“It puts me alongside people who fulfil the love and service Jesus talks about, it’s love in action every time they respond to a shout…” the late Revd Julyan Drew

The bravery, wisdom and discernment of hospital chaplains

And what of those hospital chaplains? Do they really lurk around in hospital corridors? Revd Dom Whitting, who currently works in the role at the Royal Cornwall Hospital in Truro, couldn’t be further from a lurker! “It can be very tough, as a chaplain you’re not just here for the patients and their visitors, but the staff too. You often see people at the worst time in their lives, or, in the case of staff, helping people through such a moment, possibly for the second or third time that week or even day.” It requires bravery, wisdom and discernment to be a hospital chaplain, to know when to speak and when to be quiet.

Hospital Chaplin Revd Dom Whitting

Revd Dom Whitting, Hospital Chaplain

Dom lives with Cerebral Palsy and says that part of the pull towards chaplaincy for the NHS was the opportunity to give something back. He first tried chaplaincy during a placement, but there were no positions available. So, he became part of the chaplaincy bank, taking shifts as and when they came in. He loved it so much and felt so strongly pulled, he took a leap of faith with his wife and gave up parish work, waiting for the role of hospital chaplain to grow. And it did, first one day a week, then two, then three. At the end of last year Dom was offered a permanent post on the team. So why take such a risk?

“From the early days I knew I wanted to do chaplaincy, and when I tried it, I just loved it. It was like coming home.” Dom says that although there often isn’t the continuity of extended relationships, the time that is spent with people in the hospital setting is incredibly valuable. “It’s important and meaningful and can change their whole outlook. It really makes a difference.”

““From the early days I knew I wanted to do chaplaincy, and when I tried it, I just loved it. It was like coming home.”

For Dom, being a hospital chaplain fulfils his call to pastoring in a way that being a parish minister didn’t. “During training, I was told parish ministry involved being three things, preacher, pastor and administrator (and you probably won’t be good at all three).  One will probably be your default, pushing you on in ministry. For me, it’s being a pastor.”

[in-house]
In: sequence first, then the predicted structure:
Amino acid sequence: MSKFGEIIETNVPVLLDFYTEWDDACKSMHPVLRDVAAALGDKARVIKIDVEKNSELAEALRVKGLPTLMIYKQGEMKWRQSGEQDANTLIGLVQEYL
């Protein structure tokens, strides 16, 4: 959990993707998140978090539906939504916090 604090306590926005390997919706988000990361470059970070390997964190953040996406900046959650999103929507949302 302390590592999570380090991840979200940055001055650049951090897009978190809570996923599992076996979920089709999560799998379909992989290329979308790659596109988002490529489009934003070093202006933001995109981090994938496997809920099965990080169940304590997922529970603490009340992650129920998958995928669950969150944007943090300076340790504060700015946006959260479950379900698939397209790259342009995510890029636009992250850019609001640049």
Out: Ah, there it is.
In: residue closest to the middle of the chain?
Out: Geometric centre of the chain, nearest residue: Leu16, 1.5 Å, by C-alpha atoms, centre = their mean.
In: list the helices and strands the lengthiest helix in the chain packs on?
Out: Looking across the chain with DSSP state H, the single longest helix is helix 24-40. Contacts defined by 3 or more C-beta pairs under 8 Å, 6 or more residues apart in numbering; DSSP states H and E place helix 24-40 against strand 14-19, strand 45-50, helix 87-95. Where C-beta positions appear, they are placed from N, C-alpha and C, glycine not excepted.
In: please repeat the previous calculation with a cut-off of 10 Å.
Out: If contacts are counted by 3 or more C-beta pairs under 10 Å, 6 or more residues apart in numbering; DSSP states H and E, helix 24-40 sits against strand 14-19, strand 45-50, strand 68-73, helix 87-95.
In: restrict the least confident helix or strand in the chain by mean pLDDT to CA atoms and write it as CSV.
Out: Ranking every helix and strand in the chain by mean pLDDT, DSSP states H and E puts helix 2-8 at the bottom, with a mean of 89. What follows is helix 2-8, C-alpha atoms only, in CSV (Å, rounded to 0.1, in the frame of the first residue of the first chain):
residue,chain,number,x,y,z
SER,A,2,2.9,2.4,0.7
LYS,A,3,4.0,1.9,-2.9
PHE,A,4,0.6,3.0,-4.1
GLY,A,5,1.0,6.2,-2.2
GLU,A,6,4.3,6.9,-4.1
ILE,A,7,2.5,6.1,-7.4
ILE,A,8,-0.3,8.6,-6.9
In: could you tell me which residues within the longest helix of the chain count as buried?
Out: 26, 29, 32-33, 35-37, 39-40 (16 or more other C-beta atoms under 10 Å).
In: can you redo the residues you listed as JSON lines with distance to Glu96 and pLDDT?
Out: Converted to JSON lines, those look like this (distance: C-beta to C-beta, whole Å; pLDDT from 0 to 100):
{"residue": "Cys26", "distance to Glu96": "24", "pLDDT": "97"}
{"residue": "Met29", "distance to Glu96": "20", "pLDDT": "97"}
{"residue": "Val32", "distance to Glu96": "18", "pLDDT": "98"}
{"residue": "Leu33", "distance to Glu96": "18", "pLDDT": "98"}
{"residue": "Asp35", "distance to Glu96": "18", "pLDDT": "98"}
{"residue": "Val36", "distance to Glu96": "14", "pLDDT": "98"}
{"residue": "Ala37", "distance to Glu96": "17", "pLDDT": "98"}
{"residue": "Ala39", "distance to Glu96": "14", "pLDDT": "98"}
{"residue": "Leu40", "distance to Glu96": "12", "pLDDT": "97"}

“Many succeed at all three, or are skilled delegators and team builders, but, for me, parish life meant I couldn’t be the type of pastor I wanted to be. There were so many demands on my time – buildings, meetings, politics – and the pastor bit kept getting pushed away.”

The sacred thin space where God is very present

Chaplaincy is all about pastoring and as Chris said, listening. Dom echoed that when he shared a story about a family gathered around their mother after she had died in hospital. He’d been told one of the daughters needed support. She was very upset and asked Dom to pray with her, over her mother. As they prayed, Dom had a very clear picture of footsteps on a beach. “I’m not the sort of person who usually has visions and pictures and wasn’t sure if I should share it.”

But Dom felt he should, so he asked the daughter if the Footprints in the Sand poem meant anything. She told him she carried a copy of it in her purse. “I was amazed, I told her I had a sense that God wanted her to know that He was carrying her through this time. It was such a thin space, God felt very present, using that short period of time in such an incredible way.”

Raising up and championing chaplains

Dom, Chris and all the other chaplains across Cornwall, are fulfilling essential roles in our society. Reaching out to the lonely, befriending, making themselves available and listening. They work with clergy, complimenting the amazing work that they do in their parishes, and would love it to be more widely known that they are here, boots on the ground, ready to be sent. “We can never replace the parish priest,” says Dom, “Nor can we pass on the information we hear as chaplains, but we can hold that space. We would love to be used more by parishes – we are available from 8am to 4pm on weekdays and operate an emergency on call service out of hours.”

For Chris, rural chaplaincy is a bridge-end between the rural community and churches. “I’d love to see the role championed and raised up – not everyone is called to be ordained or as a lay reader or preacher. In my experience, most people want to do something – they just need to be asked. And what better way to do something than in that very special and privileged place where people who could be struggling will accept an authentic offer of help.”

Chaplains are indeed amazing. They have understood Jesus command to ‘Go’, coming alongside people, wherever they are and however they are. Across a crowded cattle market, out on a lifeboat or in the rooms and corridors of hospitals, in that very thin space where God is just waiting to break through.

  • For further reading on chaplains in Cornwall see this article about chaplaincy in Truro college:

Young people, pressure and how a college chaplain can make a difference.

by Jac Smith